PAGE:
No date or location has yet been determined for the next Parliament the World’s Religions. But while the date is being determined, the Council is strengthening the interfaith movement with its programs of education, such as Sharing Sacred Spaces, the Partner City Program, the Ambassador Program, a women’s task force, and an indigenous people’s task force. You are invited to learn more by visiting the Parliament’s website at www.ParliamentOfReligions.org. To quote from the site, “The Parliament succeeds when strangers become neighbors, acquaintances become friends, and enemies choose to coexist peacefully.”

And to quote from Vivekananda’s speech to the Parliament in 1893, “As the different streams having their sources in different paths which men take through different tendencies, various though they appear, crooked or straight, all lead to Thee.”


A Free Family Shopping Spree: A Cooperative Interfaith Project

Greetings, my name is Susie Kohl. President of the Interfaith Council of Rossmoor and a member of Sufism Reoriented in Walnut Creek.

Five years ago, Murshida Weyland Conner, spiritual director of Sufism Reoriented, initiated an innovative program through our local Saranap Community Association to help parents with financial challenges. With the economic downturn, there was a clear need for young families to obtain nice clothing and toys for their children, items that can be prohibitively expensive when purchased new. At the same time, many other families have excess clothing and toys, still in good condition that their children have outgrown.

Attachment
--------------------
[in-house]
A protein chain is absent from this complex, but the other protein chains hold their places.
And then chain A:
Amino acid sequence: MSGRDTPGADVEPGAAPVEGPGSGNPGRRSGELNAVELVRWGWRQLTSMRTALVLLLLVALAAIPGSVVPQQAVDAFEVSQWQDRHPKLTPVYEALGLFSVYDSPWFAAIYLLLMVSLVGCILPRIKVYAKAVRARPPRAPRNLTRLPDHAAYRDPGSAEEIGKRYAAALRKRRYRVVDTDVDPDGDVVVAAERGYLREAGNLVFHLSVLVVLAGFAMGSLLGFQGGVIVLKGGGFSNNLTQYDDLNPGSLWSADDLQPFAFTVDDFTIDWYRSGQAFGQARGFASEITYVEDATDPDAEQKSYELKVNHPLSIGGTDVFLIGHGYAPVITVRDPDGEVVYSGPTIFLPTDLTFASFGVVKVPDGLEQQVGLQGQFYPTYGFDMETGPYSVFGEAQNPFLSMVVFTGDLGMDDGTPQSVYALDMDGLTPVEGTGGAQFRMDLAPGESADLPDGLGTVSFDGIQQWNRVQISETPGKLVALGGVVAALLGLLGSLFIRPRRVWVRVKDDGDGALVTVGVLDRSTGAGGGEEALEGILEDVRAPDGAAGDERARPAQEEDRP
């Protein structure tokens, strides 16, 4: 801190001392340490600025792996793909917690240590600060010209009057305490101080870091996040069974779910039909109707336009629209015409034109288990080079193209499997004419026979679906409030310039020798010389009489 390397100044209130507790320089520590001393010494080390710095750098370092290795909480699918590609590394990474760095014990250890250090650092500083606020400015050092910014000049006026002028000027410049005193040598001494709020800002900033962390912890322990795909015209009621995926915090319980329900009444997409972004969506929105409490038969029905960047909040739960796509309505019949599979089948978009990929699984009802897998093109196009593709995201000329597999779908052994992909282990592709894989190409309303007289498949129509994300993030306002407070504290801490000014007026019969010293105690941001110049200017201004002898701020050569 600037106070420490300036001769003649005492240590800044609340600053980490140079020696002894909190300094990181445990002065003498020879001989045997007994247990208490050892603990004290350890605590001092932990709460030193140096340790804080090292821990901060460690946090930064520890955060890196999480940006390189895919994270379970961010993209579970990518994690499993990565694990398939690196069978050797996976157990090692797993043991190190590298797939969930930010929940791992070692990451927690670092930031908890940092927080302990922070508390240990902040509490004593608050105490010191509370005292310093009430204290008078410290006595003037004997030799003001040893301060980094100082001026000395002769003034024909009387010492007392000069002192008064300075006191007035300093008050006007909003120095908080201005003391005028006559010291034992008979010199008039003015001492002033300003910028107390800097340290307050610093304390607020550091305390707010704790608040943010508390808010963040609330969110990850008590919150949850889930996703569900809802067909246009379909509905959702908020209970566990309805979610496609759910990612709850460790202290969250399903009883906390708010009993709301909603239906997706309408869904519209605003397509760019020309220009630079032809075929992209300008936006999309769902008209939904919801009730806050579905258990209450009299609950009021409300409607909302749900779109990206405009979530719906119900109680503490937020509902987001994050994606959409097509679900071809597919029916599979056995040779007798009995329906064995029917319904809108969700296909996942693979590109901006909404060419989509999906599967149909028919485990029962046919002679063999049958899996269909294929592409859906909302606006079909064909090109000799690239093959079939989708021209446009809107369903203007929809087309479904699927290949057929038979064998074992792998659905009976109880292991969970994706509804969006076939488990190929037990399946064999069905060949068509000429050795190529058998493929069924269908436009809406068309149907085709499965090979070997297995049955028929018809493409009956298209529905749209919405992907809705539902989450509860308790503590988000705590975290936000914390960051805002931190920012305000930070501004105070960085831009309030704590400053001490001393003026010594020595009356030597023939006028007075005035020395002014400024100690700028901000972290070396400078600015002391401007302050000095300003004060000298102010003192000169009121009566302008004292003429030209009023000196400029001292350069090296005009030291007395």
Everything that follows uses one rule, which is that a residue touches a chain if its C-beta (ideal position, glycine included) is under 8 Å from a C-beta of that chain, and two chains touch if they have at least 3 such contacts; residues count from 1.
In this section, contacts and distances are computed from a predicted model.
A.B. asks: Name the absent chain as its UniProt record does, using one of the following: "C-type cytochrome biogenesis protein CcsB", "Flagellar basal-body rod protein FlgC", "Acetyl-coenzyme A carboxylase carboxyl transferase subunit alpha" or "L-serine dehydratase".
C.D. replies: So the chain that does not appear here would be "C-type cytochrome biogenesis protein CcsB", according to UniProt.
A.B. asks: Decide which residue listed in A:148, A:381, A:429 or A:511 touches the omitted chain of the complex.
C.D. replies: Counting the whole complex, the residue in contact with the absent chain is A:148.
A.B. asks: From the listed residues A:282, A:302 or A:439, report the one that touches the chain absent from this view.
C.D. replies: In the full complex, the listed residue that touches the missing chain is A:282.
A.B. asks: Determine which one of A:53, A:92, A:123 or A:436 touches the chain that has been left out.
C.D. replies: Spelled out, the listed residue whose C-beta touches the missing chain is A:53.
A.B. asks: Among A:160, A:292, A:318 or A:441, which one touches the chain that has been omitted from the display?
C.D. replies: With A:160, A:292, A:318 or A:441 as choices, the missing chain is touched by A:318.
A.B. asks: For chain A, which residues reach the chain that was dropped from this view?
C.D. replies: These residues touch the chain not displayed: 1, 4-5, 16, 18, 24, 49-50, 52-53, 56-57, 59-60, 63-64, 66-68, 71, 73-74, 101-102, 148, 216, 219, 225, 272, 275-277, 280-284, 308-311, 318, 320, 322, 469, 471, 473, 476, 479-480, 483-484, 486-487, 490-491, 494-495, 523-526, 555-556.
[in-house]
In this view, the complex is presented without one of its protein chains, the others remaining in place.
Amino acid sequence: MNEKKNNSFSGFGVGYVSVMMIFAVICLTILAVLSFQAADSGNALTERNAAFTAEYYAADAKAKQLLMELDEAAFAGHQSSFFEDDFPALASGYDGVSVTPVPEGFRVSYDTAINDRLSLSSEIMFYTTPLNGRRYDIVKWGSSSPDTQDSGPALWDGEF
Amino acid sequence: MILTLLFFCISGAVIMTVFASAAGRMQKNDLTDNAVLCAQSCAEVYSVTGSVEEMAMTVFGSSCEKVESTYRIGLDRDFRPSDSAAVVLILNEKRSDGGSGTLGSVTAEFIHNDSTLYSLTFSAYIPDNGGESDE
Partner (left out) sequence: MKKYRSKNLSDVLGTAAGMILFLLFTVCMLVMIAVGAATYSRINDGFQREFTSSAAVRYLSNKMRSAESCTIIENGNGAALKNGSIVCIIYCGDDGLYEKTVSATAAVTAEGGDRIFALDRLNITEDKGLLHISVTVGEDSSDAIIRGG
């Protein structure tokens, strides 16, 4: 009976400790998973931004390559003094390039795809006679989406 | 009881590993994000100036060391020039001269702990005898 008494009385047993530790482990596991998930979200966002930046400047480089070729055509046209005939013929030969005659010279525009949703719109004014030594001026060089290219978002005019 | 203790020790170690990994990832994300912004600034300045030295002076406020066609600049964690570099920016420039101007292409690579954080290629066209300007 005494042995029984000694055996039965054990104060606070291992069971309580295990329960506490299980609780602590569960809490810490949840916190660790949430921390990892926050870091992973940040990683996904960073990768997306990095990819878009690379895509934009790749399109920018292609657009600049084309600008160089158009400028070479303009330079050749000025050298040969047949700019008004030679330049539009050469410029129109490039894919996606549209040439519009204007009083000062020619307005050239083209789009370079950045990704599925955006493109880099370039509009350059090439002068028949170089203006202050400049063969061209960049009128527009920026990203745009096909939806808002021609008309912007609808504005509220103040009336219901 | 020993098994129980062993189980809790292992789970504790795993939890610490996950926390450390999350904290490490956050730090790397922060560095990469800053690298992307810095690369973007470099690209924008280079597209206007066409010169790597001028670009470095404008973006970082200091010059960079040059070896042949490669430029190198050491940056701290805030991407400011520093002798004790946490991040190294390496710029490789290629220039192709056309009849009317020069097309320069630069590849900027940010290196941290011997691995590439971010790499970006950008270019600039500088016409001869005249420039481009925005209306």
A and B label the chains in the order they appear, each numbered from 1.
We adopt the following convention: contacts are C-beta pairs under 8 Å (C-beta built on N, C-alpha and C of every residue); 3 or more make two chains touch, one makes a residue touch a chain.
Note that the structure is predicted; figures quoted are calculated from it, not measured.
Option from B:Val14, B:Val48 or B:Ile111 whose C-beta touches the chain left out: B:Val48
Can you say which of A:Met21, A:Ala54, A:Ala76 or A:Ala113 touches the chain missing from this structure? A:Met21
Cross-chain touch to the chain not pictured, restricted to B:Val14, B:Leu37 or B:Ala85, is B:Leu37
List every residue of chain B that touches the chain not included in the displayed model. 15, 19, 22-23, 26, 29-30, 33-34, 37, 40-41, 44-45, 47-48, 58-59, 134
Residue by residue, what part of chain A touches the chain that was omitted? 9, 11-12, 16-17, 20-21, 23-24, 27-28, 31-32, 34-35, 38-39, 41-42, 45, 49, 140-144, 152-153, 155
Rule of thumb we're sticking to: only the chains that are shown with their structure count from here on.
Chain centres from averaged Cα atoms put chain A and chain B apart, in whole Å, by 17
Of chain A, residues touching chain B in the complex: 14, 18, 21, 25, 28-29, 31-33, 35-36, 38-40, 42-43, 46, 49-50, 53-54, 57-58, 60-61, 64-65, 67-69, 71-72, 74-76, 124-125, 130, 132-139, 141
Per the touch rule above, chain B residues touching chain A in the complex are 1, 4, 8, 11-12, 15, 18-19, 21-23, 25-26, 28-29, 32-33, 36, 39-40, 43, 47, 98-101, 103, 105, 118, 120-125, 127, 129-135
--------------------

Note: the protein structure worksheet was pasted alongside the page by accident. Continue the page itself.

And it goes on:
Boy with booksSince 2008, the Saranap Community Association (SCA) has sponsored the program Murshida Conner suggested, staging successful free Toy and Clothing Boutiques at least three times a year. For each boutique, volunteers clear several classrooms at a local preschool and transform them into “upscale stores” with clothes carefully organized by size on racks and toys, books, and games displayed in another room. The program has received national recognition.

In recent years, coordinators discussed extending their outreach to families with greater need. They wondered if parents from low income areas in the county would be able to find transportation to the boutique. To spread the word of the October 6 Boutique, Reverend Will McGarvey, president of the Contra Costa County Interfaith Council, sent an email blitz to over one hundred congregations announcing the free toy and clothing giveaway. I also provided fliers to clergy in the Interfaith Council of Rossmoor who have young families in their congregations. Volunteers from the SCA drove fliers to soup kitchens, food pantries, homeless shelters, Head Start classrooms, and other programs who serve families in need.